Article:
German Europeans

Quatremer points out that an above-average number of other key positions in the administration in Brussels are being held by Germans. For example, Uwe Corsepius, former head of the Europe Section of the German Chancellery, is today the General Secretary of the Council of the European Union in Brussels, an apparatus with approx. 2,500 employees. The European Parliament's General Secretary is Klaus Welle, also a German, who has introduced far-reaching initiatives. (german-foreign-policy.com reported.[5]) The head of the Euro Crisis Funds (the European Stability Mechanism - ESM), Klaus Regling and the President of the European Investment Bank, Werner Hoyer are also from Germany. Hoyer had been the State Secretary in the German Ministry of Foreign Affairs from 1994 to 1998 and from 2009 to 2011 and is as intimately familiar with Berlin's foreign policy projects and objectives as Corsepius. Now that the German Social Democrat, Martin Schulz, has been elected President of the European Parliament, only 3 of the seven parliamentary groups are under German leadership: the European People's Party group, (Manfred Weber, CSU), the Greens (one of the co-chairs is Rebecca Harms of the German Greens) and the European United Left/Nordic Green Left (GUE/NGL) with Gabi Zimmer, (Die Linke). Schulz had to step down as chair of the Social Democratic group after his election as President of the Parliament.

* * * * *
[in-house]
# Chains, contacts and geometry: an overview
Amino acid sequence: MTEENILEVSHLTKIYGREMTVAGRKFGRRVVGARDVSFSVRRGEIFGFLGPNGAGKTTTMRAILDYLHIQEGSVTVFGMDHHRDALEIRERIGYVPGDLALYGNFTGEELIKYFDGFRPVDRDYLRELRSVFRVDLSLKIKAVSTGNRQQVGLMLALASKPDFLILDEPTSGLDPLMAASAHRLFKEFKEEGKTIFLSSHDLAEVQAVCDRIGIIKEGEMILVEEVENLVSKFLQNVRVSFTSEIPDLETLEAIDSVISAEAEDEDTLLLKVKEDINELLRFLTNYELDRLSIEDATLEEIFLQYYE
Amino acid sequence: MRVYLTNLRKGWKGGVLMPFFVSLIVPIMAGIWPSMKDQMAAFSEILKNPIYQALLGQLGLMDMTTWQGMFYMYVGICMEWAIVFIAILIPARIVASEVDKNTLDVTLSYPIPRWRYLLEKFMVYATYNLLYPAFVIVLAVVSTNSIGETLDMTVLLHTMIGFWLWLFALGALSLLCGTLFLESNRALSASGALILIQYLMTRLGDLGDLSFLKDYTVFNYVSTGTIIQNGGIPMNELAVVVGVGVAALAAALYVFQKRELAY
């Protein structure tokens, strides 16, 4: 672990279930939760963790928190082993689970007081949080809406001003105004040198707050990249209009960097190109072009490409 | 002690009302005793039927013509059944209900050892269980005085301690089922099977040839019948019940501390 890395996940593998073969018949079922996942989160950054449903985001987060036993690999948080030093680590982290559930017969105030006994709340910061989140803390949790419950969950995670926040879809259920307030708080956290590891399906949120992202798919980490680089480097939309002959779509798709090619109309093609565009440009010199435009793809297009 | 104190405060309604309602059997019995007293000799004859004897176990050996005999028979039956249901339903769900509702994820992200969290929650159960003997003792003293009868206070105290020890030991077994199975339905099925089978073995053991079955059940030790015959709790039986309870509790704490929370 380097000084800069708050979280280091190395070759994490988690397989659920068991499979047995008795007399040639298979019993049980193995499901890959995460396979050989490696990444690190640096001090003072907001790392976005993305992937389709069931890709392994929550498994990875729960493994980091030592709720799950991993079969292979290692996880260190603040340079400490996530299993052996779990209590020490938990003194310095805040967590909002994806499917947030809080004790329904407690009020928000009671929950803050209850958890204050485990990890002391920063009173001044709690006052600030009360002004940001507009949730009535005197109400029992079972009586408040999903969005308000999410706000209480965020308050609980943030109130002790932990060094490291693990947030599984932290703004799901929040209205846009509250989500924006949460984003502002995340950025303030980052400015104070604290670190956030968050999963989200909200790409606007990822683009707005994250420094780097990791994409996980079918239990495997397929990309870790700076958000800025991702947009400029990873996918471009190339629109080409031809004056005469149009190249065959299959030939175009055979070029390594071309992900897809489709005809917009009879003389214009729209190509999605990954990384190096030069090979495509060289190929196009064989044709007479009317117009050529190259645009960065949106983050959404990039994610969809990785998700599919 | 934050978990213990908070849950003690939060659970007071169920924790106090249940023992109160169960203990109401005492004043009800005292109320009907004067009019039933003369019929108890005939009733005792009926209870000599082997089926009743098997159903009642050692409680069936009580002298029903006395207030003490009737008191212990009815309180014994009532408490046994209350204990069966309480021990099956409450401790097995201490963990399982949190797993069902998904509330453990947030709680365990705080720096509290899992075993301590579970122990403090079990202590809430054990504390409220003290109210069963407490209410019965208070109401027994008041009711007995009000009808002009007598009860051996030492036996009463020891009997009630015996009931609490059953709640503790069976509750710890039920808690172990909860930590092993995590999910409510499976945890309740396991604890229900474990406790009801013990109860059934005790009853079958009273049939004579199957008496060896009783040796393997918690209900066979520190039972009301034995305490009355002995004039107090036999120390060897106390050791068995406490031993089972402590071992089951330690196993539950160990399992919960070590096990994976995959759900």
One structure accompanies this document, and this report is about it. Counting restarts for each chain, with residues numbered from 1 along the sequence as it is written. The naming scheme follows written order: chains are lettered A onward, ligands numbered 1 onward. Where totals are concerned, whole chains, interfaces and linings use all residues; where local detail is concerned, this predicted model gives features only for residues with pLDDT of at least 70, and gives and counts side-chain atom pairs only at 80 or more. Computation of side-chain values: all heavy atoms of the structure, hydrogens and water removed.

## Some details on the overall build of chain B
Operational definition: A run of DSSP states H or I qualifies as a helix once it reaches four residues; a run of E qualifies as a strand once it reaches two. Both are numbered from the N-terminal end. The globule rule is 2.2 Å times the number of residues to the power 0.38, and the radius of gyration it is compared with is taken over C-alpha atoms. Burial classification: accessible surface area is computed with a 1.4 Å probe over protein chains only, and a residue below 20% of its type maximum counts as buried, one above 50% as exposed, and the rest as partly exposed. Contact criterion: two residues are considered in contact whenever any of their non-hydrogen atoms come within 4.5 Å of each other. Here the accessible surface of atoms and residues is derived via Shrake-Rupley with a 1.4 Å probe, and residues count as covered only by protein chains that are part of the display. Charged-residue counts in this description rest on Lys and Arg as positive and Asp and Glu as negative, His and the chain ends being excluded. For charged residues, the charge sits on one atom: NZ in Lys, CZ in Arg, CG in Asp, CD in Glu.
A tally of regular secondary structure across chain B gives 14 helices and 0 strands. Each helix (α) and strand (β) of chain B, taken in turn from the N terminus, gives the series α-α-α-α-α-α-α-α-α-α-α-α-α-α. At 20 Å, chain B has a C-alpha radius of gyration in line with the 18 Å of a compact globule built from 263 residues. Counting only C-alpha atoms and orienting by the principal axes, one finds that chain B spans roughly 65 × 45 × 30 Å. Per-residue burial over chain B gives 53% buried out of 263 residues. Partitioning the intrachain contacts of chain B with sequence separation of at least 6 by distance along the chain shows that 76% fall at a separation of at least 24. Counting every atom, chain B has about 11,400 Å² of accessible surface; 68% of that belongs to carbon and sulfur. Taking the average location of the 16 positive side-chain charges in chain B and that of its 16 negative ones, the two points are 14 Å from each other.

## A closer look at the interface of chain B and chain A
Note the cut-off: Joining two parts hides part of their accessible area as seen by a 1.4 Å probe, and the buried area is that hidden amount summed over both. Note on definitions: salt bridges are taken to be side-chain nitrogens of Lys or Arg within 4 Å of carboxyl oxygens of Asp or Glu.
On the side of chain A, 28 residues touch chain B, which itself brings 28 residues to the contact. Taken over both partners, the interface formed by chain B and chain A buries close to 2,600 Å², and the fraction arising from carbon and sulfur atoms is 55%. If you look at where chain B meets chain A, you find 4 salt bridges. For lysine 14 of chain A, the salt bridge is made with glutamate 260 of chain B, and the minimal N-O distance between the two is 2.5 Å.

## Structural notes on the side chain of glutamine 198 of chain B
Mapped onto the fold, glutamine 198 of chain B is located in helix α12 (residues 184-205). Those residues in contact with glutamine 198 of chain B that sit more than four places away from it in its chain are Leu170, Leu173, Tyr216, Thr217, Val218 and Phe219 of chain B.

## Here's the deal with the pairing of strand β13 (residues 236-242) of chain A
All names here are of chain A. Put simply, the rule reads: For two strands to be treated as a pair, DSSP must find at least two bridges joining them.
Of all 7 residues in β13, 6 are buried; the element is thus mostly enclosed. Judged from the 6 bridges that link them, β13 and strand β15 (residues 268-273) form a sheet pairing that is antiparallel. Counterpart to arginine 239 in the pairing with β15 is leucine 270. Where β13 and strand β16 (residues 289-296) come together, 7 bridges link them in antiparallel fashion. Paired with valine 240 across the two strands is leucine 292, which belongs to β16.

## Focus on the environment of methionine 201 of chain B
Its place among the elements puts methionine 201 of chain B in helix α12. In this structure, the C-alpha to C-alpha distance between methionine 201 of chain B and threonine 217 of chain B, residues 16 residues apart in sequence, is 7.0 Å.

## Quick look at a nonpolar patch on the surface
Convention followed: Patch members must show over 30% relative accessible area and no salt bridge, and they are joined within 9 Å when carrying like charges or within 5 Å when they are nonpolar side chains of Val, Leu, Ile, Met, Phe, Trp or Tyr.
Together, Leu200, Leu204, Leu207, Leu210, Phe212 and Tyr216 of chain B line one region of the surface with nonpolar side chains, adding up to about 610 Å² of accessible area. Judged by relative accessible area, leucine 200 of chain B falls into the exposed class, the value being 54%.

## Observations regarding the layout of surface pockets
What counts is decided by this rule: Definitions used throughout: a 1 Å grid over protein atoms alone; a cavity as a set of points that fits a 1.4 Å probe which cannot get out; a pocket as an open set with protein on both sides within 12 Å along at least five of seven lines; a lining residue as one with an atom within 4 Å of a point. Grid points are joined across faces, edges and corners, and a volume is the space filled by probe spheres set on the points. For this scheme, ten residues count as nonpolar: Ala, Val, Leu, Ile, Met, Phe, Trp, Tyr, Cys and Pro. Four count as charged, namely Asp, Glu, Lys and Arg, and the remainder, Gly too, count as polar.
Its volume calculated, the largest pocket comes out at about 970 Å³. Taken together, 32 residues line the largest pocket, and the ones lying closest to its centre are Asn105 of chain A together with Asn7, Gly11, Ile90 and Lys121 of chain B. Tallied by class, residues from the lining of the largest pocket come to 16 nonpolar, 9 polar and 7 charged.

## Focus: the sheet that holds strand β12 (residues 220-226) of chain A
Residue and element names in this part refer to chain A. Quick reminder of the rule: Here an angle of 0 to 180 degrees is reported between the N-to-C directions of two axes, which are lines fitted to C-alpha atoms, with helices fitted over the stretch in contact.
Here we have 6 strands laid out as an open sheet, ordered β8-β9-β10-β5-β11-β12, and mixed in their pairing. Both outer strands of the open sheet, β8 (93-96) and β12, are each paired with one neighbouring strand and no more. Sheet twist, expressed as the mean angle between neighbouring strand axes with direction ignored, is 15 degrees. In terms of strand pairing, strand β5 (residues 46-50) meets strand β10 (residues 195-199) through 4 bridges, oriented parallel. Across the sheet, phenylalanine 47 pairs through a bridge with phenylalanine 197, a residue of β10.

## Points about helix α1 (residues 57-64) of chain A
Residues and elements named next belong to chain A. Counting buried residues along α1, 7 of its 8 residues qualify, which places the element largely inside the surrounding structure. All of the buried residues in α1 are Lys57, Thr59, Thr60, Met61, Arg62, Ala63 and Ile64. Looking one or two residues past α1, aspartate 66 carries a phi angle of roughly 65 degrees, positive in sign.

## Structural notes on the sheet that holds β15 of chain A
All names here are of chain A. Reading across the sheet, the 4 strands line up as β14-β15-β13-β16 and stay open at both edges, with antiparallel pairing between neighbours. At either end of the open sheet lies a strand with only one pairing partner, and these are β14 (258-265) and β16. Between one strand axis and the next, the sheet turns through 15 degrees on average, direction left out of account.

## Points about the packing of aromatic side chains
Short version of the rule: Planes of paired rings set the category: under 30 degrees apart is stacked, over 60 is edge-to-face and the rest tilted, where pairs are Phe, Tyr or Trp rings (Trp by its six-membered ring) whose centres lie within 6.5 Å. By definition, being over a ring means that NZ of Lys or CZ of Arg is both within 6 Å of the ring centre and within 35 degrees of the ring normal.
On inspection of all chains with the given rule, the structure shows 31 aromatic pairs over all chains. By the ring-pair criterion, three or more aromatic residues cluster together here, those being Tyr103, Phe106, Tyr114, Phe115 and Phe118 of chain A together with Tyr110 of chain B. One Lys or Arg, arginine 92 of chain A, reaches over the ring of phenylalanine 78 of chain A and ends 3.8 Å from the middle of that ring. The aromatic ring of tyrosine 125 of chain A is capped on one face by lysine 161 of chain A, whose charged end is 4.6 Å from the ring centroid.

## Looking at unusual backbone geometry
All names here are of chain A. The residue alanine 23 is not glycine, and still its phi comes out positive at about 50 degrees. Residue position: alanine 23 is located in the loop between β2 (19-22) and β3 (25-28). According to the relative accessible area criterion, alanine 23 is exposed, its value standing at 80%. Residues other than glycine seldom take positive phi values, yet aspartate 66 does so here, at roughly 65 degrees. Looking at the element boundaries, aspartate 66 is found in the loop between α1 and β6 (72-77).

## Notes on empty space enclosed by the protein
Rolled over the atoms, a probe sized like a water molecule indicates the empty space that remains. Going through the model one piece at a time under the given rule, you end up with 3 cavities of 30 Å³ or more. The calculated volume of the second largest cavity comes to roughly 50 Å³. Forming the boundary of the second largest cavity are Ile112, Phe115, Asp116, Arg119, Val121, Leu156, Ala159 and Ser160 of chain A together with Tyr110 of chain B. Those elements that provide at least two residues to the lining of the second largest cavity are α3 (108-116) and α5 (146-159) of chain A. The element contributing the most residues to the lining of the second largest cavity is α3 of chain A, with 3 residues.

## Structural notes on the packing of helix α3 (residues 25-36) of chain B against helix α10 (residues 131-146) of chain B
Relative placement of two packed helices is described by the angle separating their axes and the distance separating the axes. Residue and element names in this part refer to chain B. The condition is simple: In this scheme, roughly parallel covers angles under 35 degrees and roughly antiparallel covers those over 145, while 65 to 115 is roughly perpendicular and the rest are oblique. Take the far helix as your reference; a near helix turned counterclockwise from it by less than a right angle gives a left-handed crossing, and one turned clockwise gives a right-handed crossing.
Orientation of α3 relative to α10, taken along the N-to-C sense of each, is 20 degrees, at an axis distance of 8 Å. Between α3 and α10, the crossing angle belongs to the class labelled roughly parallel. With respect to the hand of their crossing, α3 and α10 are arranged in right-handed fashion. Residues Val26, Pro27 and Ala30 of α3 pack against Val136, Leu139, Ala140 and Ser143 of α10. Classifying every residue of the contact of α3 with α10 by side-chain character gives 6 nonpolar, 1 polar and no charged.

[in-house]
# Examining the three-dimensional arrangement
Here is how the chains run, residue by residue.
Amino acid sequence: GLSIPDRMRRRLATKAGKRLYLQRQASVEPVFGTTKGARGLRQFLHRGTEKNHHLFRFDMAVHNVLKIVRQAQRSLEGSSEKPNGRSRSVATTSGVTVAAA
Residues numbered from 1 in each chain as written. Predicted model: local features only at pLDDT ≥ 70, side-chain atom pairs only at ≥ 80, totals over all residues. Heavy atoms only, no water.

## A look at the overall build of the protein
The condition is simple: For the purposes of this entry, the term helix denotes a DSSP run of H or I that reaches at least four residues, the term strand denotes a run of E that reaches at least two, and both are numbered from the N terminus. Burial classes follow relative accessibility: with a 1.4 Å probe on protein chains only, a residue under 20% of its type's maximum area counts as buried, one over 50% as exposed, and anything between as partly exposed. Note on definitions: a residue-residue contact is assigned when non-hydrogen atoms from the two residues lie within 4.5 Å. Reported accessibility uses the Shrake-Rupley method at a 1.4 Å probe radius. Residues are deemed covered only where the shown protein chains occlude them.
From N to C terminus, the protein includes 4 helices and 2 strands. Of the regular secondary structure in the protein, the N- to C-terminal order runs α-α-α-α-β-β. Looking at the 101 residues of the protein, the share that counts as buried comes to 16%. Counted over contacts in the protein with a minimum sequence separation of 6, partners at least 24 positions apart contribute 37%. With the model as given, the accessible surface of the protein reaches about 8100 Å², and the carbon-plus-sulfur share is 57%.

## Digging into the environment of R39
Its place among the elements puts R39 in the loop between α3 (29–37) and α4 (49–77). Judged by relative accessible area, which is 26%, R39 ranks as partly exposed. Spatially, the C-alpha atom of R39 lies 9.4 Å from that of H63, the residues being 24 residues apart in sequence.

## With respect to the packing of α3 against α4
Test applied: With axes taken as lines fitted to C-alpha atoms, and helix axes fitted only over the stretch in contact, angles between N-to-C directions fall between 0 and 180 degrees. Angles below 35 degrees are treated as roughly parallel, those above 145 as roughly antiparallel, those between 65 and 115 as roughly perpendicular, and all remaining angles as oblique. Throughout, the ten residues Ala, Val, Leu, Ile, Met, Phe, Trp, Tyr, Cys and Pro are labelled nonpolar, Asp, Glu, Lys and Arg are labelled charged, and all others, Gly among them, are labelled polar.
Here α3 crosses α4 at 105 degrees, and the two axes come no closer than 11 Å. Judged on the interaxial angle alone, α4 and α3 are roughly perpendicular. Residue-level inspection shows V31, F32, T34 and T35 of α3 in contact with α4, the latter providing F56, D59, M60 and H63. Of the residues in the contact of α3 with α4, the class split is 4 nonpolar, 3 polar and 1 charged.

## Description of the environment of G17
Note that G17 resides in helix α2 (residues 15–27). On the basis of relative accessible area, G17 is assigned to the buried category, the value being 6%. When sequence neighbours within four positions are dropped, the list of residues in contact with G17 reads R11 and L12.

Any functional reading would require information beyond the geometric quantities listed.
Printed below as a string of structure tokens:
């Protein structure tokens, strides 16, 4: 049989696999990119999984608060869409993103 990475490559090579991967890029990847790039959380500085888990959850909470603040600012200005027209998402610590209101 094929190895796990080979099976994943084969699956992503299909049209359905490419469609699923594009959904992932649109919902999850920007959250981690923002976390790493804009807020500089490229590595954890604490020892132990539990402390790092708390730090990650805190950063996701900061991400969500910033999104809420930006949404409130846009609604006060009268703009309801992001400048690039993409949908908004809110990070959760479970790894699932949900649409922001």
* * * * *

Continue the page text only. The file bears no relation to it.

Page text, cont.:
Authority to Set Guidelines